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Since the last time my family had a big, food-based gathering in early 2020, I’ve pretty dramatically changed my eating habits, becoming vegetarian and limiting certain kinds of processed foods. This change has been great for me, and I did my best to prepare my family before Thanksgiving, including offering to bring several dishes to dinner that suited my needs. Well, my relatives were … not kind. There were a lot of jokes about what was (and wasn’t) on my plate, and a few comments about how I thought I was better than everyone else at the meal. We left Thanksgiving with plans for some of these relatives to get together again for Hanukkah in just a couple of weeks, but I’m not sure I want to share another meal with this group, especially so soon after this one. Is there anything I can do to make this next experience less unpleasant than Thanksgiving?
Mocked at the Meal
Talking about what others are eating, whether because of kashrut, allergies, dietary restrictions, or personal preferences, is never appropriate! Maybe your extended family forgot this universal truth after several holidays apart. How disappointing that your family fell back on tired tropes about other people’s eating habits rather than focusing on sheer gratitude about being able to be together.
After nearly three years without such a gathering, having two of them in such a short time span seems like a radical attempt to make up for lost time. But just because other people in your family are planning another dinner doesn’t mean you have to be there. You can simply say (or text or email), “It was so nice to see everyone over Thanksgiving, but I won’t be able to make it for Hanukkah. Enjoy!”
Avoiding this get-together may be easier than trying to change their bad behavior or trying to guard yourself against more comments, but both of those are also options. To protect yourself, you’d need to go into the next gathering prepared to field or ignore the comments. You could lead with, “I’m not planning to comment on what you’re eating, and I’d appreciate the same courtesy.” If you (probably, inevitably) get some comments anyway, you can reiterate by saying, “I’m so glad to be with everyone, but I’d rather talk about school/work/movies/the weather than about my dietary choices.” Depending on timing and driving distances, you could also come for candle lighting and leave before dinner.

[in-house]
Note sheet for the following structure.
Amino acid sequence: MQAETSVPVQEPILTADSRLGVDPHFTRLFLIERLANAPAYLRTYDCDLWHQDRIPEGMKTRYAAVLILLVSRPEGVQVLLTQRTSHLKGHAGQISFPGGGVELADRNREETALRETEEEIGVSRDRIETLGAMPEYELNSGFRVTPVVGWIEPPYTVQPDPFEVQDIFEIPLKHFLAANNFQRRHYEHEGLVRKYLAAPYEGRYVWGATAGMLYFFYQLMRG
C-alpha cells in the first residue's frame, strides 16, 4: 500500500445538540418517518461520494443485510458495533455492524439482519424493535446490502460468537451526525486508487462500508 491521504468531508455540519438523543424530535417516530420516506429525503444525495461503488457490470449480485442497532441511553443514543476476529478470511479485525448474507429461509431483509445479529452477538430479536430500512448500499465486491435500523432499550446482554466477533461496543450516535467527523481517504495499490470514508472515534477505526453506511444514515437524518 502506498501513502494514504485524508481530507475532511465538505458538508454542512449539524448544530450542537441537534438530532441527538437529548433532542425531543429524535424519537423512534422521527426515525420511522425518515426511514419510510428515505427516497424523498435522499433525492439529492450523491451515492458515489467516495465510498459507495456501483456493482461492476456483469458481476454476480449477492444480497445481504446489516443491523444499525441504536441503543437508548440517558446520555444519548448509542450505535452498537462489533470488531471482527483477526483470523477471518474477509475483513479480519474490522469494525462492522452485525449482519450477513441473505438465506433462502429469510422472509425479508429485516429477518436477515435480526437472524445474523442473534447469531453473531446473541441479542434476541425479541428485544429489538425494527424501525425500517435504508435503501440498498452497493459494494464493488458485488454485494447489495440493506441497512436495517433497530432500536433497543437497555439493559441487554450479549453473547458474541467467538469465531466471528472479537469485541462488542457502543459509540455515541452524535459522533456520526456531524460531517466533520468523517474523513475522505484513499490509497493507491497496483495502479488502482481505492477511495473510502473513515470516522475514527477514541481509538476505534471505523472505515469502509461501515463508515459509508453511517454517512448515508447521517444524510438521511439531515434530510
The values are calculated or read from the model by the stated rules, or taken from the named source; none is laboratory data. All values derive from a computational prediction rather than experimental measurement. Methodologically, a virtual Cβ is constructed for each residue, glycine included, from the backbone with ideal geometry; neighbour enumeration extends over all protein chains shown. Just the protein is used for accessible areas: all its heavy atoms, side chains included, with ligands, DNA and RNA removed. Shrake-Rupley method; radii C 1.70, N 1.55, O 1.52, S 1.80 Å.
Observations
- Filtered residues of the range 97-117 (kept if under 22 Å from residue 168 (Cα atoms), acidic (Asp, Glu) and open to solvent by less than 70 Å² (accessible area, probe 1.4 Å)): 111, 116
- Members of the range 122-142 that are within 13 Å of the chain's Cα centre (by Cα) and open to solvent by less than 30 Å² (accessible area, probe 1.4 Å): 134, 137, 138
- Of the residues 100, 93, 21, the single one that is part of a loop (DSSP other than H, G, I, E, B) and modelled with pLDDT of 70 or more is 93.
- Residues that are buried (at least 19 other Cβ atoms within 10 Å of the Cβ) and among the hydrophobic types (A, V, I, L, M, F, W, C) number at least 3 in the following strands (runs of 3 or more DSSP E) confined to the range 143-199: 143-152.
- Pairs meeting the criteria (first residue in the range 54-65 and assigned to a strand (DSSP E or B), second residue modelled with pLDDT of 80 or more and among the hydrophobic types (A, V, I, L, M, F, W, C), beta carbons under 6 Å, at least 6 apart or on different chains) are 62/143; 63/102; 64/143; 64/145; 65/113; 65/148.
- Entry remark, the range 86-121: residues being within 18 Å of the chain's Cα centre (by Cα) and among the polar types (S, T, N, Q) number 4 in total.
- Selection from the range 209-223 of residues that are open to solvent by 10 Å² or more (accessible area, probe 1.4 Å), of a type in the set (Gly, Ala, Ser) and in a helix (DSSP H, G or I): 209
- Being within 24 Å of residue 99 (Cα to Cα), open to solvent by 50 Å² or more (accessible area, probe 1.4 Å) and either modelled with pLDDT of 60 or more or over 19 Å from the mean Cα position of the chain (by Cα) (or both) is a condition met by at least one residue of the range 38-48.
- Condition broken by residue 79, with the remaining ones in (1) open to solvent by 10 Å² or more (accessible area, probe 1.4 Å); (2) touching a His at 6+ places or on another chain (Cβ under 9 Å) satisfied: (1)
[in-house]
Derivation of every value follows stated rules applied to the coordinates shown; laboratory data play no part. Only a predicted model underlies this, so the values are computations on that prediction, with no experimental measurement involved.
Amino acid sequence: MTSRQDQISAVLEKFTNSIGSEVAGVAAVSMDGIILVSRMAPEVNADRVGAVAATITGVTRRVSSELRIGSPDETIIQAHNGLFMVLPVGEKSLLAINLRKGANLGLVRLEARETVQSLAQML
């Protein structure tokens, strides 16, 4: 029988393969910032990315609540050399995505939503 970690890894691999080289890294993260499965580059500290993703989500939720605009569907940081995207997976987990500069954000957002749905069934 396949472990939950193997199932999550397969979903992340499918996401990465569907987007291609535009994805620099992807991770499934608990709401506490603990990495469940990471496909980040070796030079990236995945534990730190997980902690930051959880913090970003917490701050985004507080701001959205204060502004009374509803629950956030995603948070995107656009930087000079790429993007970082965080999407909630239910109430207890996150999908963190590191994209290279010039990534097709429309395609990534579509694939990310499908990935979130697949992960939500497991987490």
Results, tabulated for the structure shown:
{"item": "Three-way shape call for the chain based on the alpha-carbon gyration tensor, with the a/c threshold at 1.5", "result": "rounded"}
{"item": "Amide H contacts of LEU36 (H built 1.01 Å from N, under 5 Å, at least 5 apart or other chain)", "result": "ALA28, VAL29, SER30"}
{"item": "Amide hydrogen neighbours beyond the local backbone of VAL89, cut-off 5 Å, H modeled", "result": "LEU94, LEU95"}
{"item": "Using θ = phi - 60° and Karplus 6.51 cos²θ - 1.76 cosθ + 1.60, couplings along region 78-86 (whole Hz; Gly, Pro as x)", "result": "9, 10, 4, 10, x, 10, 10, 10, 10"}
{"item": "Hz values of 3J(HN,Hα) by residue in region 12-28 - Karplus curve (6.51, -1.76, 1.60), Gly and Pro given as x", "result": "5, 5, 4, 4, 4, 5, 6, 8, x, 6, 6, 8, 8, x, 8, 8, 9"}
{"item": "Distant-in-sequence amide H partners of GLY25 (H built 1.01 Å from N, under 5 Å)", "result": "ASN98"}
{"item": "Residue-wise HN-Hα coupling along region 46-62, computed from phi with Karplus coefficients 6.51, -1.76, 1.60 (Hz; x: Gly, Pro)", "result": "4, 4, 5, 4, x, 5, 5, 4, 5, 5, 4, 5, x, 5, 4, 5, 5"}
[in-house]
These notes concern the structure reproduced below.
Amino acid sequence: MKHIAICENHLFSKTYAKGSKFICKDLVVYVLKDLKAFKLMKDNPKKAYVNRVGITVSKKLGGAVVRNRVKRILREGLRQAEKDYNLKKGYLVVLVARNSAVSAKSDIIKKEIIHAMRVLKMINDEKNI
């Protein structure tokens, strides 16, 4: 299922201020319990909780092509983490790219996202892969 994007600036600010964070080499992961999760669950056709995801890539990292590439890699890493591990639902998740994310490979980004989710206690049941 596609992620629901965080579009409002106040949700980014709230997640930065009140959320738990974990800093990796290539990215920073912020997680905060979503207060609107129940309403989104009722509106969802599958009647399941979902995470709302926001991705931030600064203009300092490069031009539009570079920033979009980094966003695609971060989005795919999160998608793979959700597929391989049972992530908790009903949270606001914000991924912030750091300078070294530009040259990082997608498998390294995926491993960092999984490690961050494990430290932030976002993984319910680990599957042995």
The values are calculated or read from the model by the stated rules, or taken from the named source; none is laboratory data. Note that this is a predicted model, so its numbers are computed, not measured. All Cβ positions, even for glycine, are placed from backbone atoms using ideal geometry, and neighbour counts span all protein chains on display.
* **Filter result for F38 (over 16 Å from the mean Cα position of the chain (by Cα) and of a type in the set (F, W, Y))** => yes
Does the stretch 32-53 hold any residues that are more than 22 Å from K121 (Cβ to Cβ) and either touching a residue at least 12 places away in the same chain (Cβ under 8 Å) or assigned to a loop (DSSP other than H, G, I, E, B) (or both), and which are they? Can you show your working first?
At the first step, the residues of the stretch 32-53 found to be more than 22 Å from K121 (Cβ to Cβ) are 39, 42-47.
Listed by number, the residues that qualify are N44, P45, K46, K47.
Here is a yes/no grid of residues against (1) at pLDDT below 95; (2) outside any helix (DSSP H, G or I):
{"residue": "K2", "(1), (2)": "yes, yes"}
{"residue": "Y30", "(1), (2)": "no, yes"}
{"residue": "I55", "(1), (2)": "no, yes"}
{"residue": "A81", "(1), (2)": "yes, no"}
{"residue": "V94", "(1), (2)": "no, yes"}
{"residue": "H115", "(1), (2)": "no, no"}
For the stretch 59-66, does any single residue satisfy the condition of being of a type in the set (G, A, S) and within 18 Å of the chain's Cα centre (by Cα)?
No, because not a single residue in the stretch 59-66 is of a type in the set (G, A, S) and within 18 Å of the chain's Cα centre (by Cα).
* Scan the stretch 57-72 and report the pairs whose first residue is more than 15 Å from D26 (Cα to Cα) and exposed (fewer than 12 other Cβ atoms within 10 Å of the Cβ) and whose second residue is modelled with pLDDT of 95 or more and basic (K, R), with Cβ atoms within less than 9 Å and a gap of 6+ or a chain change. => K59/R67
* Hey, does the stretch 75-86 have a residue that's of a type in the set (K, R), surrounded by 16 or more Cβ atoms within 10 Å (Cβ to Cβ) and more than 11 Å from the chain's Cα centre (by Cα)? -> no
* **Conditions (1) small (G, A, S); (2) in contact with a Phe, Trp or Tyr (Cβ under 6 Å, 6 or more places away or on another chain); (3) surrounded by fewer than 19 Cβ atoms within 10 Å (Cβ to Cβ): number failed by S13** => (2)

Don’t engage with the substance of the comments if they’re nothing but rude, but on the off-chance that someone has a genuine curiosity about what it’s been like to change your eating habits, you might consider this an opportunity to talk about something that’s obviously important to you. Maybe you have a younger cousin interested in vegetarianism who could use an ally, or an older aunt who’s interested in your thought process around food. Regardless of how a conversation starts – whether about food or not! – you always have the right to change the topic if you don’t like the direction things are going.
Changing other people’s behavior is the hardest option here, as in life in general. If you have a particular family member you are closest to in this group, reach out before Hanukkah and ask for some support. You can explain people were rude and intrusive at Thanksgiving and that you’d like help shutting down food-related comments at the meal. If you want to push harder, you could contact one or two of the greatest offenders and tell them that you’re hoping to avoid a repeat experience of hearing their comments about your eating.
Whatever you choose, remember your own agency and free will! If the next family experience is awful, you have every right to leave. If you like some of these people but not others, you could choose another event in the coming months to host on your own terms, with your own guest list and your own food. A huge confrontation will probably not lead to any desirable outcomes, but setting boundaries for how you want to be treated is always a good idea.
Good luck, and be well,